One aide expressed disappointment privately that Trump didn’t quarantine as soon as Hicks was diagnosed. Instead, Trump held a fundraiser at his golf club in Bedminster, New Jersey, angering one of his top donors.

Dan Eberhart, who donated $100,000 to Trump’s re-election in June, said in a phone interview Friday that the president was “reckless” and imperils much-needed future fundraisers in the short time that remained. Trump should have sent a surrogate instead, said Eberhart, the chief executive officer ofCanary Drilling Services LLC.

Doug Heye, a Republican strategist, said Biden struck the right tone in responding to Trump’s diagnosis.

“There’s so much negativity out there on this,” he said. “It’s smart of Biden to stay above the fray.”

The sudden change also throws into question whether Trump and Biden will participate in the next debate, which is scheduled for Oct. 15 in Miami. Public health guidelines recommend that people who contract coronavirus should isolate for at least 14 days, and Trump was diagnosed 12 days before the next face-off.

Trump was transported to Walter Reed National Military Medical Center on Friday afternoon, where he is expected to stay for a few days. Trump’s diagnosis also comes after he mocked Biden during the debate for always wearing a mask, saying: “I don’t wear a mask like him. Every time you see him, he’s got a mask. He could be speaking 200 feet away from them, and he shows up with the biggest mask I’ve ever seen.”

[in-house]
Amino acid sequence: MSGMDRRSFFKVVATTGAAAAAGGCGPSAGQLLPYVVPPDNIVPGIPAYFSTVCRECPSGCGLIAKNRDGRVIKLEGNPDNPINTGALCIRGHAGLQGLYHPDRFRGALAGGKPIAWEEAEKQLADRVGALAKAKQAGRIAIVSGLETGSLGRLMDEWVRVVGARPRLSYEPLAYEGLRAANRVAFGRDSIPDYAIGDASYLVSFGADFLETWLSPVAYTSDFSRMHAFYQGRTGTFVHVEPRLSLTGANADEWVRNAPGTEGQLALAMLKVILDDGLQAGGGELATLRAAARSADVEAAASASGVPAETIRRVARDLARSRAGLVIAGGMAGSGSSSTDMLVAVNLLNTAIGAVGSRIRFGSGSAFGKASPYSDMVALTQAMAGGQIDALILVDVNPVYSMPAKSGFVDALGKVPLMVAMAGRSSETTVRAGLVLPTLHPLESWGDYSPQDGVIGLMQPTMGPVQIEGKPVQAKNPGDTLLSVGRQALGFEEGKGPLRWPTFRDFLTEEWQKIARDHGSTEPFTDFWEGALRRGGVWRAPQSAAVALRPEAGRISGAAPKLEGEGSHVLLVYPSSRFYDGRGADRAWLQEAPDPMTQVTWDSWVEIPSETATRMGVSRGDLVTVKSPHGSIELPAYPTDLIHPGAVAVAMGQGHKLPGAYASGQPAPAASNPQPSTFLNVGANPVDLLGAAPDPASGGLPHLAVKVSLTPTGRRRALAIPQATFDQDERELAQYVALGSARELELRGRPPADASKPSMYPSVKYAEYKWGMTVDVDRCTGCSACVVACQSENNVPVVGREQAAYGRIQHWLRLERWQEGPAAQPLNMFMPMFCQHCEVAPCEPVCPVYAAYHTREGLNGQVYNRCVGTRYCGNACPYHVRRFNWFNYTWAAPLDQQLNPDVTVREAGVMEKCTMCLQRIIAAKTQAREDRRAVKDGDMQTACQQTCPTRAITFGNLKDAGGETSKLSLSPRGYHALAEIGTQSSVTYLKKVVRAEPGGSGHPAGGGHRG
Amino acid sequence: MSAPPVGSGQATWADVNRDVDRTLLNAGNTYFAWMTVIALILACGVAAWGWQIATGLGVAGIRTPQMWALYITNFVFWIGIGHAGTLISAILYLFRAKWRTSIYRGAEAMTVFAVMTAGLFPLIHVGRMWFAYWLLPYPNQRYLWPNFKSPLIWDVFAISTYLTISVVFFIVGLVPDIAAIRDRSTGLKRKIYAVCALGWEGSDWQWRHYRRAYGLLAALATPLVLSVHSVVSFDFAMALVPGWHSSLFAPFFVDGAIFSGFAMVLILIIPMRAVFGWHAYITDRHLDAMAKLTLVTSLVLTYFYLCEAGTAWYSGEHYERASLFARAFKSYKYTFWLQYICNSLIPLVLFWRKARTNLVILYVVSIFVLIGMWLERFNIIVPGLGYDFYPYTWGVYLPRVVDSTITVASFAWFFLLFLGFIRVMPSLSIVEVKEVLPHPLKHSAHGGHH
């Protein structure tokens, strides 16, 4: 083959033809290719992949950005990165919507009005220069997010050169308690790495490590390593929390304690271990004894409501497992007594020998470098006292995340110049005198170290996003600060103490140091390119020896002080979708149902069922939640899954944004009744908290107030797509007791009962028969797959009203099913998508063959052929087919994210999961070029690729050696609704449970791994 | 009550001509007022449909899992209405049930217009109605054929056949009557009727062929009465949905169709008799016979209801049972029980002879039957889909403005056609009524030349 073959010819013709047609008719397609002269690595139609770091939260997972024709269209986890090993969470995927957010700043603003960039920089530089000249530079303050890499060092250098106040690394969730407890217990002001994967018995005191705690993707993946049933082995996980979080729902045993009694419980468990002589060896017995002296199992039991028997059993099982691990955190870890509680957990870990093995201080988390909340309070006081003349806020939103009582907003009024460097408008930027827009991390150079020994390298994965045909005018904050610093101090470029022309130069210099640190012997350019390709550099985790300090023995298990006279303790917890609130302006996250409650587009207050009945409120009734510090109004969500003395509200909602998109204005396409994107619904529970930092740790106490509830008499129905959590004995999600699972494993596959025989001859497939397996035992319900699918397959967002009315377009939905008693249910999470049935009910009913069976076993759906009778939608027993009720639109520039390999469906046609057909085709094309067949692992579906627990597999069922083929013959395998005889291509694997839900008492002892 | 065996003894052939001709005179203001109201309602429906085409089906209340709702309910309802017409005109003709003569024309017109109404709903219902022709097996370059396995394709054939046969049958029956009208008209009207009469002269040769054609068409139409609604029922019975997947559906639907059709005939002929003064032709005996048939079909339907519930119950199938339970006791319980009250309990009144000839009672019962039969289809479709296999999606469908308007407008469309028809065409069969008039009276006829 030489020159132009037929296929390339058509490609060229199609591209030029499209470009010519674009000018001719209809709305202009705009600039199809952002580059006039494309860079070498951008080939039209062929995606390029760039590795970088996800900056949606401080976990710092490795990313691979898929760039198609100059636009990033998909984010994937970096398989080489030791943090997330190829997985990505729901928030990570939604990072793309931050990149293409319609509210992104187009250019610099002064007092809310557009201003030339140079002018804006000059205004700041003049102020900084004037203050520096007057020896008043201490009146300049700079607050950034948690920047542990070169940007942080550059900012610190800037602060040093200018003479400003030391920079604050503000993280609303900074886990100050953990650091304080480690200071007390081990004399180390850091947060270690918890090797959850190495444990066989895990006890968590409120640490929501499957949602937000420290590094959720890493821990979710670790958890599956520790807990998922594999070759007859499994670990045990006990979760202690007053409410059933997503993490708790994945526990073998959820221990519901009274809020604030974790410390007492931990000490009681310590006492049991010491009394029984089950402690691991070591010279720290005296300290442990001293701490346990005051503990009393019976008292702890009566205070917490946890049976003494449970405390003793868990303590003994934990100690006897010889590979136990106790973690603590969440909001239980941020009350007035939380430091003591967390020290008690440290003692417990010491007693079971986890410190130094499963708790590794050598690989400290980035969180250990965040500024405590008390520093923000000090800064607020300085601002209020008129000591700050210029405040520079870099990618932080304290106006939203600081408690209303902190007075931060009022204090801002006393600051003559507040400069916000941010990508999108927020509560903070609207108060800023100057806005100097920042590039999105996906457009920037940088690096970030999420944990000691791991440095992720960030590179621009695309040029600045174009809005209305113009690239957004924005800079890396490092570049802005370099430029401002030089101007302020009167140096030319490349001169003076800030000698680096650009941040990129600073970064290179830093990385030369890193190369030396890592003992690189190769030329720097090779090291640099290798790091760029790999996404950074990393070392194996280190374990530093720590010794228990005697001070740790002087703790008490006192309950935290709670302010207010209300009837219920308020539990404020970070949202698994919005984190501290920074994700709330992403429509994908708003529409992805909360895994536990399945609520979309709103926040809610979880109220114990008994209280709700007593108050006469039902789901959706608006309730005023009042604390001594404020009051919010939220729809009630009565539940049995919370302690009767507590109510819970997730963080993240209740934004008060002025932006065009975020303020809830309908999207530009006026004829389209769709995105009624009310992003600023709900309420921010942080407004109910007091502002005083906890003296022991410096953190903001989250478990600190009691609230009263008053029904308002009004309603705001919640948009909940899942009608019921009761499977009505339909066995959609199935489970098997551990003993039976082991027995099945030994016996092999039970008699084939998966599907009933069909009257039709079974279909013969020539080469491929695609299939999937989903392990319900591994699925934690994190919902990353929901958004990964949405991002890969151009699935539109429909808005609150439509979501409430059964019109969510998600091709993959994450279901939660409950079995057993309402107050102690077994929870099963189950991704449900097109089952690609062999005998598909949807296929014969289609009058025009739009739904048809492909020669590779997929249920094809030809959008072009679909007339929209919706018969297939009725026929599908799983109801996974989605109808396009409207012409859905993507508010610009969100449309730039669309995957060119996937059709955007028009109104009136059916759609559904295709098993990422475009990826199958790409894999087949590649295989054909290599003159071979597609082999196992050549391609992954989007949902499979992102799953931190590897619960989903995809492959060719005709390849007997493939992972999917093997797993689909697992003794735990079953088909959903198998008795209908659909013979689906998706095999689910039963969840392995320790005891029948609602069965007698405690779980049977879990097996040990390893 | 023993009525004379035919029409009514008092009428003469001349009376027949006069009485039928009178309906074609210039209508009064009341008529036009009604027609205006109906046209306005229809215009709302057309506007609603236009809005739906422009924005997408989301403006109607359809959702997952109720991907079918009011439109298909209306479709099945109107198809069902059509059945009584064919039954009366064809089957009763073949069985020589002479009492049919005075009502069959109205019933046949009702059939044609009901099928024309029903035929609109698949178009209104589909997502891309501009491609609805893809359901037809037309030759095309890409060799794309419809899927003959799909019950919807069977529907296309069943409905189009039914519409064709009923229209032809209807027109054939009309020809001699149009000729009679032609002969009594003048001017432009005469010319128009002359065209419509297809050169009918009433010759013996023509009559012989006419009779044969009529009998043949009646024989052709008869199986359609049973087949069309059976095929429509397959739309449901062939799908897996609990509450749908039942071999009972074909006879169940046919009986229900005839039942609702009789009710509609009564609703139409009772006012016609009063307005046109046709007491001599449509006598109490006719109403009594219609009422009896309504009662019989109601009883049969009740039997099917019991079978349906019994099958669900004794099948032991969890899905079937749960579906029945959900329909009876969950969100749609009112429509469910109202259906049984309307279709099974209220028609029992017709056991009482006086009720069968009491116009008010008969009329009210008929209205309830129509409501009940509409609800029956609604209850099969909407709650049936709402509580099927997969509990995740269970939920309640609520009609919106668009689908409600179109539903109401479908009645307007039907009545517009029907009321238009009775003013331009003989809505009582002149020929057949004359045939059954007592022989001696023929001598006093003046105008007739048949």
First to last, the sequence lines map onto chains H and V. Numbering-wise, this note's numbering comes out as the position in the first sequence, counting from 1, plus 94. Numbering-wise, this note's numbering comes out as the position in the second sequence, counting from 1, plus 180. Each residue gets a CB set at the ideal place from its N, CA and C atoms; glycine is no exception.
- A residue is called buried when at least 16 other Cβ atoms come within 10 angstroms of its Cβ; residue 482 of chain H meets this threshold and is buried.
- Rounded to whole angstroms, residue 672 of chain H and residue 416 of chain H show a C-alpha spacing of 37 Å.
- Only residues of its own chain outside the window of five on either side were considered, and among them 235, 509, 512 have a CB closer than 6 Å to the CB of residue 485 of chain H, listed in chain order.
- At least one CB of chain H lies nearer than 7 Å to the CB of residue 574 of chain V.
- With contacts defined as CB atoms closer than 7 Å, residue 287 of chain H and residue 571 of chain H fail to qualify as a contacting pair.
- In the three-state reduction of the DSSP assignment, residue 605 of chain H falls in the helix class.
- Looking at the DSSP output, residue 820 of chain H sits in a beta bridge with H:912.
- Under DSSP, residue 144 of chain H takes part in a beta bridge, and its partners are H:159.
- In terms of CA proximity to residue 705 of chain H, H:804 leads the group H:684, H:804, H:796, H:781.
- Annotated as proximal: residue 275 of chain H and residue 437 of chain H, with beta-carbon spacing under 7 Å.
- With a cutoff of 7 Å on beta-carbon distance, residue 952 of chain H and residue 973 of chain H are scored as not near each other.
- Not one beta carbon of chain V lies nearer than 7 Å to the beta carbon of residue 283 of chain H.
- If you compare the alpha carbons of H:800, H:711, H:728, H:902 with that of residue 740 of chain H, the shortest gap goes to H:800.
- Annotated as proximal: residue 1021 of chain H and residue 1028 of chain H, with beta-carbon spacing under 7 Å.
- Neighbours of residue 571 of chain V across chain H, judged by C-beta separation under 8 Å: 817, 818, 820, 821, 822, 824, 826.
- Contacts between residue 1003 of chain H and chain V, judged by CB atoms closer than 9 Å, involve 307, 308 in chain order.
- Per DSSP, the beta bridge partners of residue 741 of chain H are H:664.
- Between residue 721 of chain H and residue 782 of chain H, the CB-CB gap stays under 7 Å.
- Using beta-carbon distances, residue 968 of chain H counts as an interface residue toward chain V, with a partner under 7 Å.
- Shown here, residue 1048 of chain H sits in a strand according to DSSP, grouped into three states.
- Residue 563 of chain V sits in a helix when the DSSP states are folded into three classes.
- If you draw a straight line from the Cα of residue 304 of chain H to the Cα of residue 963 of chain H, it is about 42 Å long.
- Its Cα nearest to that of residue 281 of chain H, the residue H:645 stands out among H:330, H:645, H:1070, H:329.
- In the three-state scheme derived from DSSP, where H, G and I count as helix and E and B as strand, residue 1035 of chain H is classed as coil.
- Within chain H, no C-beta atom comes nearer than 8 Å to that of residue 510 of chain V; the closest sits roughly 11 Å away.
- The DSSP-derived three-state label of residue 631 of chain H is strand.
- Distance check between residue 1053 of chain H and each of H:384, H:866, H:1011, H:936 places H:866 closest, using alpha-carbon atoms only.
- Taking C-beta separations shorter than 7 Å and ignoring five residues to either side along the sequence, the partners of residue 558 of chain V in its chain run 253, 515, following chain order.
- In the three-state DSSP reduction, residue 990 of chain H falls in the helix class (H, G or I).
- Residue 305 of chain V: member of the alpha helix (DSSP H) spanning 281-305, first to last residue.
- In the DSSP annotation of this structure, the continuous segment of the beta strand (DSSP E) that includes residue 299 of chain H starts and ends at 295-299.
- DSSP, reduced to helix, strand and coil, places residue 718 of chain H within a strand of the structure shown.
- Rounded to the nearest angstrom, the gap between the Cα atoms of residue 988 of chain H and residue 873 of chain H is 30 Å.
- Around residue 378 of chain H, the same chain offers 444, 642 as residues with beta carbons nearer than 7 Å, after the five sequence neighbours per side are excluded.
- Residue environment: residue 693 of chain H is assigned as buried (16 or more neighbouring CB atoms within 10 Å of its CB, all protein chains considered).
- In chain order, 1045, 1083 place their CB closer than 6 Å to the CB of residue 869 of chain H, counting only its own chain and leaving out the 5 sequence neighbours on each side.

Trump’s positive test result couldn’t have come at a worse time for his campaign. Not only lagging in the polls, Trump is having trouble raising money and the New York Times reported on Sunday that he had paid only $750 in federal taxes in 2016 and 2017. The chaotic and combative debate on Tuesday night, in which Trump incessantly interrupted Biden and moderator Chris Wallace, was widely seen as a disaster for the president.

Until Labor Day, Biden kept a very limited public schedule, only holding small, socially distant events in Delaware or Pennsylvania and unless delivering a speech from a distance, the former vice president has always worn a mask. His campaign created a public health advisory board, led by David Kessler, the former commissioner of the Food and Drug Administration, and Vivek Murthy, the former surgeon general, to advise on the safety of campaigning.

And now, after one encounter with the president, Biden may not be out of the woods. His negative Covid-19 test is not conclusive, as health experts say it could take days for him to develop enough of the virus for a test to detect it if he did in fact contract it.

The Democratic nominee is not slated to travel again until Monday, when he is scheduled to campaign in Miami and participate in a town hall hosted by NBC News. Later in the week, he is planning to fly to Arizona to campaign with his running mate, Kamala Harris, after she participates in the vice-presidential debate on Wednesday night.

— With assistance by Misyrlena Egkolfopoulou, and Saleha Mohsin